If hybrid zones are transient, what are the likely outcomes? One possibility is that hybrid zones represent secondary contact and neutral diffusion, that the differentiated populations will fuse, yielding a single, possibly polymorphic, species. Alternatively, hybrid zones might represent the "wave of advance" of a superior competitor, resulting in the eventual extinction of one of the two hybridizing taxa. In fact, fusion and extinction are not mutually exclusive outcomes because the fusion of two taxa might involve either selective or random extinction of alleles from each of the parental types (Harrison, 1990).

In this sense, "extinction" means the disappearance of one of the parental types, not necessarily the disappearance of its alleles from the subsequent population.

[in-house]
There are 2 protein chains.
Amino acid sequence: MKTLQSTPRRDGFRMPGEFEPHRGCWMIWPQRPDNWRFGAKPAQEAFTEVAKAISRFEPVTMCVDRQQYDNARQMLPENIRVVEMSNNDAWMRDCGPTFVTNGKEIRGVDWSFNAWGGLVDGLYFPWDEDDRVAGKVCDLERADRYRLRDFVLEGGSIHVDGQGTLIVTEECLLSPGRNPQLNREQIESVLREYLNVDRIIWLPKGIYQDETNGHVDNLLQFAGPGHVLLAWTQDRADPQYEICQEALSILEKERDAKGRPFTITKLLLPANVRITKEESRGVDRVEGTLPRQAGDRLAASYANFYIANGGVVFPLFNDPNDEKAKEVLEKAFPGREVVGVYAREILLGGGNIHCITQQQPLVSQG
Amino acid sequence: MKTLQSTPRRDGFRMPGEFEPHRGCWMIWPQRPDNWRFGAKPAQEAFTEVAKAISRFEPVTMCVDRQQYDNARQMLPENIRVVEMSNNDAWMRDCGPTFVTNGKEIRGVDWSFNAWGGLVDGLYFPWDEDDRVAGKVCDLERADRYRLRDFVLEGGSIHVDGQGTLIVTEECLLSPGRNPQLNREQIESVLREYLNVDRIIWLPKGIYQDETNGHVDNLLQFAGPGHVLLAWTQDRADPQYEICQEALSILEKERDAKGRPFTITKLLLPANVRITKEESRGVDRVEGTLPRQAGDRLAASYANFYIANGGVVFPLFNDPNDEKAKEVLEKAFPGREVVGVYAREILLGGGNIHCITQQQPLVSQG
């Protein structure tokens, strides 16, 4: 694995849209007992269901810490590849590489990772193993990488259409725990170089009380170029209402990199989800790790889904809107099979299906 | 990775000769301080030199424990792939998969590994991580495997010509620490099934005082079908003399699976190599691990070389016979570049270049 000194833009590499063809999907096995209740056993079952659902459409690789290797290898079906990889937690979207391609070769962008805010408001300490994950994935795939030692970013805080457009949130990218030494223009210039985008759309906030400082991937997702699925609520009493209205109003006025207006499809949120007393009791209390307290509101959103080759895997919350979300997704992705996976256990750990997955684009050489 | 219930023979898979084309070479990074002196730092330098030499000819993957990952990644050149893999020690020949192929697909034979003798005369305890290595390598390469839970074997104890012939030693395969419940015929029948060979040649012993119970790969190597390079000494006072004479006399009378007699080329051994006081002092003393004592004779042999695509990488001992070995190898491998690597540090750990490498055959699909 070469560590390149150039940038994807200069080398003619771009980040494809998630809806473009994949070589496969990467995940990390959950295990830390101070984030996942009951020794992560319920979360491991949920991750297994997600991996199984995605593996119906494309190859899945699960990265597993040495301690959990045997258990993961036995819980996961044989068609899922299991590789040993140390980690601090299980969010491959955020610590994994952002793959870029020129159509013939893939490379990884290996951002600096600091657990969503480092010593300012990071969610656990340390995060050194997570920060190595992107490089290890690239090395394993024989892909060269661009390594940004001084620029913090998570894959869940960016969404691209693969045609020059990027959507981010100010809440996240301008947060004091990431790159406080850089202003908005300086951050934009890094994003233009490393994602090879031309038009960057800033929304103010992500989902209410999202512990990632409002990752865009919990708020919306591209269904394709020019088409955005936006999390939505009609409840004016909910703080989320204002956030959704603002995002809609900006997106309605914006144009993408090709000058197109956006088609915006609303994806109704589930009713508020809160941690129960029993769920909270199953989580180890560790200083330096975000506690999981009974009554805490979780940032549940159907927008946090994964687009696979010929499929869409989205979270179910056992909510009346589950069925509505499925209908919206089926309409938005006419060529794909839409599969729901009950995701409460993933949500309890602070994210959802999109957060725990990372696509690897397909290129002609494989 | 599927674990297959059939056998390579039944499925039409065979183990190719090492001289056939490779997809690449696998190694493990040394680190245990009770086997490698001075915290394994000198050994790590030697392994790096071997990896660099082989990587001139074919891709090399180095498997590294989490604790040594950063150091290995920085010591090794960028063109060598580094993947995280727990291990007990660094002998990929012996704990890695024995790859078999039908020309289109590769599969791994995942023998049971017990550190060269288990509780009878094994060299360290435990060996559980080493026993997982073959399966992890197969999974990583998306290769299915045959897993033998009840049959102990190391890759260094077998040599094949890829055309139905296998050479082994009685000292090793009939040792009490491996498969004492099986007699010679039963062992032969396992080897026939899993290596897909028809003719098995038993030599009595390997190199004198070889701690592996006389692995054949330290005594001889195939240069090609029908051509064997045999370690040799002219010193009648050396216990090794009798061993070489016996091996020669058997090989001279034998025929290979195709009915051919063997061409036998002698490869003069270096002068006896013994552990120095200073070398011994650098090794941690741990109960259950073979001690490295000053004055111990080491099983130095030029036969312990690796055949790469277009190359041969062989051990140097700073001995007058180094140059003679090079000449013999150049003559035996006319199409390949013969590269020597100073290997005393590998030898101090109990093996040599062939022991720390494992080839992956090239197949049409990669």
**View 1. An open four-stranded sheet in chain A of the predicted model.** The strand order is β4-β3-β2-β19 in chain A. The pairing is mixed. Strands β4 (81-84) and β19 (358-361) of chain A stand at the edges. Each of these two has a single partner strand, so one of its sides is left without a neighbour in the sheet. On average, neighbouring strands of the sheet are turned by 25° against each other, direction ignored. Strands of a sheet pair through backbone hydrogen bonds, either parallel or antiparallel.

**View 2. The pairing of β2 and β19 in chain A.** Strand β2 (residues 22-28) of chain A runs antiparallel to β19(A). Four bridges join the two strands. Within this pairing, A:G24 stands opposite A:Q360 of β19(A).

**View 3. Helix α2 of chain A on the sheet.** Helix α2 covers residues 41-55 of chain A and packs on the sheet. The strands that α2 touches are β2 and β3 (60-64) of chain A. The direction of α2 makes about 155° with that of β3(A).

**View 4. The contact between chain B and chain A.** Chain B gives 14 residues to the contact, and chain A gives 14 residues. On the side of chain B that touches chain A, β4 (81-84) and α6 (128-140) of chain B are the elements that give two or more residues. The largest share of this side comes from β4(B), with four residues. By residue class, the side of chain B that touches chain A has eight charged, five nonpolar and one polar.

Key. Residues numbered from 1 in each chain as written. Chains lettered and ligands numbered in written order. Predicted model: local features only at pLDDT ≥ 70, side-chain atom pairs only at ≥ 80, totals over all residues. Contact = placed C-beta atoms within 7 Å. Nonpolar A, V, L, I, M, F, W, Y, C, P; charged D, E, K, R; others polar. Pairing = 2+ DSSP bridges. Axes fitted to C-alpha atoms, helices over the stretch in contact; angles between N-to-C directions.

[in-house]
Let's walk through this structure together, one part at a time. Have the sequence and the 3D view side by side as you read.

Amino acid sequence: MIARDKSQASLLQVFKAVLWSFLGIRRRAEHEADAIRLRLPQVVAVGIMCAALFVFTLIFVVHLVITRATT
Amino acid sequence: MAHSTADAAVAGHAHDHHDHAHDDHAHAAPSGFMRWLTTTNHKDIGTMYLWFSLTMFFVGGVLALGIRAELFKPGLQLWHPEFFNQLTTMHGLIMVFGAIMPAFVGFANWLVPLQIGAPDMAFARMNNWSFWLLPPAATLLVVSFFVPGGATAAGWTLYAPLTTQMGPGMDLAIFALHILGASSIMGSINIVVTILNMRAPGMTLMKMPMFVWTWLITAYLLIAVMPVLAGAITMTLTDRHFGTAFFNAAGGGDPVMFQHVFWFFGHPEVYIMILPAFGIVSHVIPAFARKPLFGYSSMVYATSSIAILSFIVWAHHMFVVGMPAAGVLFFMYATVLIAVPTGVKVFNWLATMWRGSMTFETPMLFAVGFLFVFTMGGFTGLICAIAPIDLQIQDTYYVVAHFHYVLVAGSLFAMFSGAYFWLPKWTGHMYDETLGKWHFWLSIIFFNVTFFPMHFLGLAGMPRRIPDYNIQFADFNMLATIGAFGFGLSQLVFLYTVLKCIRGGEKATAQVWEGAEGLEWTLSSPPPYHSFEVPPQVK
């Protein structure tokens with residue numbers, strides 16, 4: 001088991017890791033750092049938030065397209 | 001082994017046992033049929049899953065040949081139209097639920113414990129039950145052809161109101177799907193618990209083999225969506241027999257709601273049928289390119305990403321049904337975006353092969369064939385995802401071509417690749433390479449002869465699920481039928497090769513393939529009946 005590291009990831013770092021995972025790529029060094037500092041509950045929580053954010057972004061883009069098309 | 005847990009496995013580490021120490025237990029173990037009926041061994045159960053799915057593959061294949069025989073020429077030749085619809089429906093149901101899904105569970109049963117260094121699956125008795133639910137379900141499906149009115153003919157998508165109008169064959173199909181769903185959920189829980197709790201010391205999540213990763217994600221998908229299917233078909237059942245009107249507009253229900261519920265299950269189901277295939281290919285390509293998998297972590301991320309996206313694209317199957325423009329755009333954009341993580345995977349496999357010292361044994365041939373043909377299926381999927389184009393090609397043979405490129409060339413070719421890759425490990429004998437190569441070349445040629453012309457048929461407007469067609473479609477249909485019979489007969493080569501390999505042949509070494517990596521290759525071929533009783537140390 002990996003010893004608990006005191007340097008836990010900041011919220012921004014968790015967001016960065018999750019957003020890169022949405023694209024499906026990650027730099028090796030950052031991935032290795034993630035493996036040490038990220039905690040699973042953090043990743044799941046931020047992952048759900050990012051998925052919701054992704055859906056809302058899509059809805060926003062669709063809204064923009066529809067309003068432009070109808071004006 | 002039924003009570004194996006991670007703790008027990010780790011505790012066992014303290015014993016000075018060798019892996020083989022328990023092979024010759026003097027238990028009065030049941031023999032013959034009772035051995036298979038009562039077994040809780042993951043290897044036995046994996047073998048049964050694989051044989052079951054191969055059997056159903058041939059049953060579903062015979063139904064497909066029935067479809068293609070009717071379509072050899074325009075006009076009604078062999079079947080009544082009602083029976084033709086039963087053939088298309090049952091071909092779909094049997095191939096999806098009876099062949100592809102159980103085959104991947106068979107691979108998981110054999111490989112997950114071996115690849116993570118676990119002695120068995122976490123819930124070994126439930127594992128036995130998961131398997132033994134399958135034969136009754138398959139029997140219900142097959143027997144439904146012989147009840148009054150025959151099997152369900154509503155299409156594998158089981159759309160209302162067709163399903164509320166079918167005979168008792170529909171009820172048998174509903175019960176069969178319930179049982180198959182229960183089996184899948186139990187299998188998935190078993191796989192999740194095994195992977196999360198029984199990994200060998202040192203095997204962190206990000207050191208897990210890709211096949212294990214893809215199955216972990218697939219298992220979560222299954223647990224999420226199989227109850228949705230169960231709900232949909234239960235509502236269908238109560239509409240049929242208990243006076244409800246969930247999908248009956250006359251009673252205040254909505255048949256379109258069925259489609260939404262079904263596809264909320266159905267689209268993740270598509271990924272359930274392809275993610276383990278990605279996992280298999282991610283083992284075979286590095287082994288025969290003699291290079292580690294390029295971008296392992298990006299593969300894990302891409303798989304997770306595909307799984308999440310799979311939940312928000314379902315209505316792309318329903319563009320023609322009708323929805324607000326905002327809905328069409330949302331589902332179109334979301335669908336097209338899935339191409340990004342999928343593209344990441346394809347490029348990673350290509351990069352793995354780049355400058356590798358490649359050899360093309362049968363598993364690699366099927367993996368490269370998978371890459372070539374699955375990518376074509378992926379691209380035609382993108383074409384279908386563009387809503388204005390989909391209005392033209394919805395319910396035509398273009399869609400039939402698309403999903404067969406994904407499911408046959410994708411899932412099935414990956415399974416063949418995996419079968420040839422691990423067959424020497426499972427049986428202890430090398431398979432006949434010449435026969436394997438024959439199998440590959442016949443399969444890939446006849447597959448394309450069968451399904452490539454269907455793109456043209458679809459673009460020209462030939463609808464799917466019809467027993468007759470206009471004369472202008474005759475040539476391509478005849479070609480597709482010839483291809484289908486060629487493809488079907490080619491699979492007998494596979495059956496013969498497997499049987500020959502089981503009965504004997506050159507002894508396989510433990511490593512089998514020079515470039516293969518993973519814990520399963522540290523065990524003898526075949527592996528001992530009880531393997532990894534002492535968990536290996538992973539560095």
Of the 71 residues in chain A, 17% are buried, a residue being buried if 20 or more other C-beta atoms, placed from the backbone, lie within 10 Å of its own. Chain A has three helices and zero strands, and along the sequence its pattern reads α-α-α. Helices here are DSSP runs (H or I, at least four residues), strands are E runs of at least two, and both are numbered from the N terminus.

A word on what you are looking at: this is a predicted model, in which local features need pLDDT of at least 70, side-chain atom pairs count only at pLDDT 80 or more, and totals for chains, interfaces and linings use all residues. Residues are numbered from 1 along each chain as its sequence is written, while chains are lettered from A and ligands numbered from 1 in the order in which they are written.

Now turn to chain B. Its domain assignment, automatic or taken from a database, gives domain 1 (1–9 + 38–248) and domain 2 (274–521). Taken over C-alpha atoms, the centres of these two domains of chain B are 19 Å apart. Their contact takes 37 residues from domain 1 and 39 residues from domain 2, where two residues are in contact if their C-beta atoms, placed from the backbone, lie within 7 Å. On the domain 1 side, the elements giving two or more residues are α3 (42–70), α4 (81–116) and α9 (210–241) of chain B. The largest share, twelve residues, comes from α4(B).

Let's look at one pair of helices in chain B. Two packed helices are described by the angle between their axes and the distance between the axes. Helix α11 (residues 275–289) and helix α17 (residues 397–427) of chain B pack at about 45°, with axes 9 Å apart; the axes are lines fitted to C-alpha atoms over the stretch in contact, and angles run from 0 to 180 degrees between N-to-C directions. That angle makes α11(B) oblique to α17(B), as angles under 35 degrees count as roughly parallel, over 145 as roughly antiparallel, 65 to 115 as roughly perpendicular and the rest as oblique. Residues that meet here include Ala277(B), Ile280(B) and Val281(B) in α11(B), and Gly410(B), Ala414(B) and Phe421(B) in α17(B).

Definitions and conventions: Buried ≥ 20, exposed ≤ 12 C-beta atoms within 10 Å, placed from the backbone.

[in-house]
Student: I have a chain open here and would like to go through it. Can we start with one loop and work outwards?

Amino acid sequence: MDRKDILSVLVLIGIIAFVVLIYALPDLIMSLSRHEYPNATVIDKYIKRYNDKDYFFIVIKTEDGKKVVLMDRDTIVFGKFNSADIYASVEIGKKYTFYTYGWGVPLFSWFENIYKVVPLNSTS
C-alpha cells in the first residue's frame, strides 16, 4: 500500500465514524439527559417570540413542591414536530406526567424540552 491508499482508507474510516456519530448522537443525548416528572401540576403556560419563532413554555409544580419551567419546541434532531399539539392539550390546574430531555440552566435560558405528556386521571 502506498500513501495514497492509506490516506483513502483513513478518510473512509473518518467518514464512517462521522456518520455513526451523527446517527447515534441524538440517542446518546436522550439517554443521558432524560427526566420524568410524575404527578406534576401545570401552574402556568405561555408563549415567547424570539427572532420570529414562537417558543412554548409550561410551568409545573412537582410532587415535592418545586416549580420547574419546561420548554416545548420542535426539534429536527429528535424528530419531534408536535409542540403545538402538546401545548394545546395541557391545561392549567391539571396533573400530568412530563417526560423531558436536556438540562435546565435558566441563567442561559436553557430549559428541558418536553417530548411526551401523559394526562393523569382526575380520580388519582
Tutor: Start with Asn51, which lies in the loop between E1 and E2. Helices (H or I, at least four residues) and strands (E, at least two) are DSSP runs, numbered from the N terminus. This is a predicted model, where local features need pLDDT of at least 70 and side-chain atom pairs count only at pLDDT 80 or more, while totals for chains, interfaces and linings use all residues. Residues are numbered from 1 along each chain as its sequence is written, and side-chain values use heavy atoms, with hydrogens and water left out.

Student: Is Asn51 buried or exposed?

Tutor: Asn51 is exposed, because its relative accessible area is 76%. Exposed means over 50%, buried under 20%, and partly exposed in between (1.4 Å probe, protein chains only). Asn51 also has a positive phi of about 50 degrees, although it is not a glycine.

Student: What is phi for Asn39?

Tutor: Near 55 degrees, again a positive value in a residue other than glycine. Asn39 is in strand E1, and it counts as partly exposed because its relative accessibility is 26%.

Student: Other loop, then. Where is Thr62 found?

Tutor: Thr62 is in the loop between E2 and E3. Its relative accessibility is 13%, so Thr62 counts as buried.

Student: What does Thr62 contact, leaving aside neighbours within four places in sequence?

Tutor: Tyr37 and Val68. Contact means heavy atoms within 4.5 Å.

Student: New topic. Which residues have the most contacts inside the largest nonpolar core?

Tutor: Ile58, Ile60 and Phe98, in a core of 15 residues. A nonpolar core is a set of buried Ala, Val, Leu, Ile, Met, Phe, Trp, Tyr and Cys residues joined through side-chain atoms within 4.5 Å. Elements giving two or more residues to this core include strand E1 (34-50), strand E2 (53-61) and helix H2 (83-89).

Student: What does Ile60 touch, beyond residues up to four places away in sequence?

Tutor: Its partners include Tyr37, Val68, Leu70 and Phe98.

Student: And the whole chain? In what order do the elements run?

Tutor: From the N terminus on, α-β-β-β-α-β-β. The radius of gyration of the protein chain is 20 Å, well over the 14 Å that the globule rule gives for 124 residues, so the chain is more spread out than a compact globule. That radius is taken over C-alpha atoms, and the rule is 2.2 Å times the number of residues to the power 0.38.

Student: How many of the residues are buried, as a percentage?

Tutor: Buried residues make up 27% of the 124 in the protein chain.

(continued) If certain recombinate genotypes produced by hybridization and backcrossing persist as local "hybrid swarms" or "stabilized introgressants," the product of fusion may be considered a distinct species.
One of the most controversial issues surrounding hybrid zones is whether they are sites of "reinforcement" -- the evolution of prezygotic barriers to gene exchange in response to selection against hybrids. A mode of speciation originally championed by Dobzhansky (1940, 1941), the "reinforcement model" has met with considerable criticism in recent years (Patterson 1978, 1982; Butlin, 1987, 1989)....

This strain is picked up in the third chapter of the volume by Howard (1993).

(continued) Finally, selection within hybrid zones can lead to the weakening (rather than the strengthening) of barriers to gene exchange. Selection may favor those variants that show the least reduction in viability and fertility when crossed with either of the parental types. </p>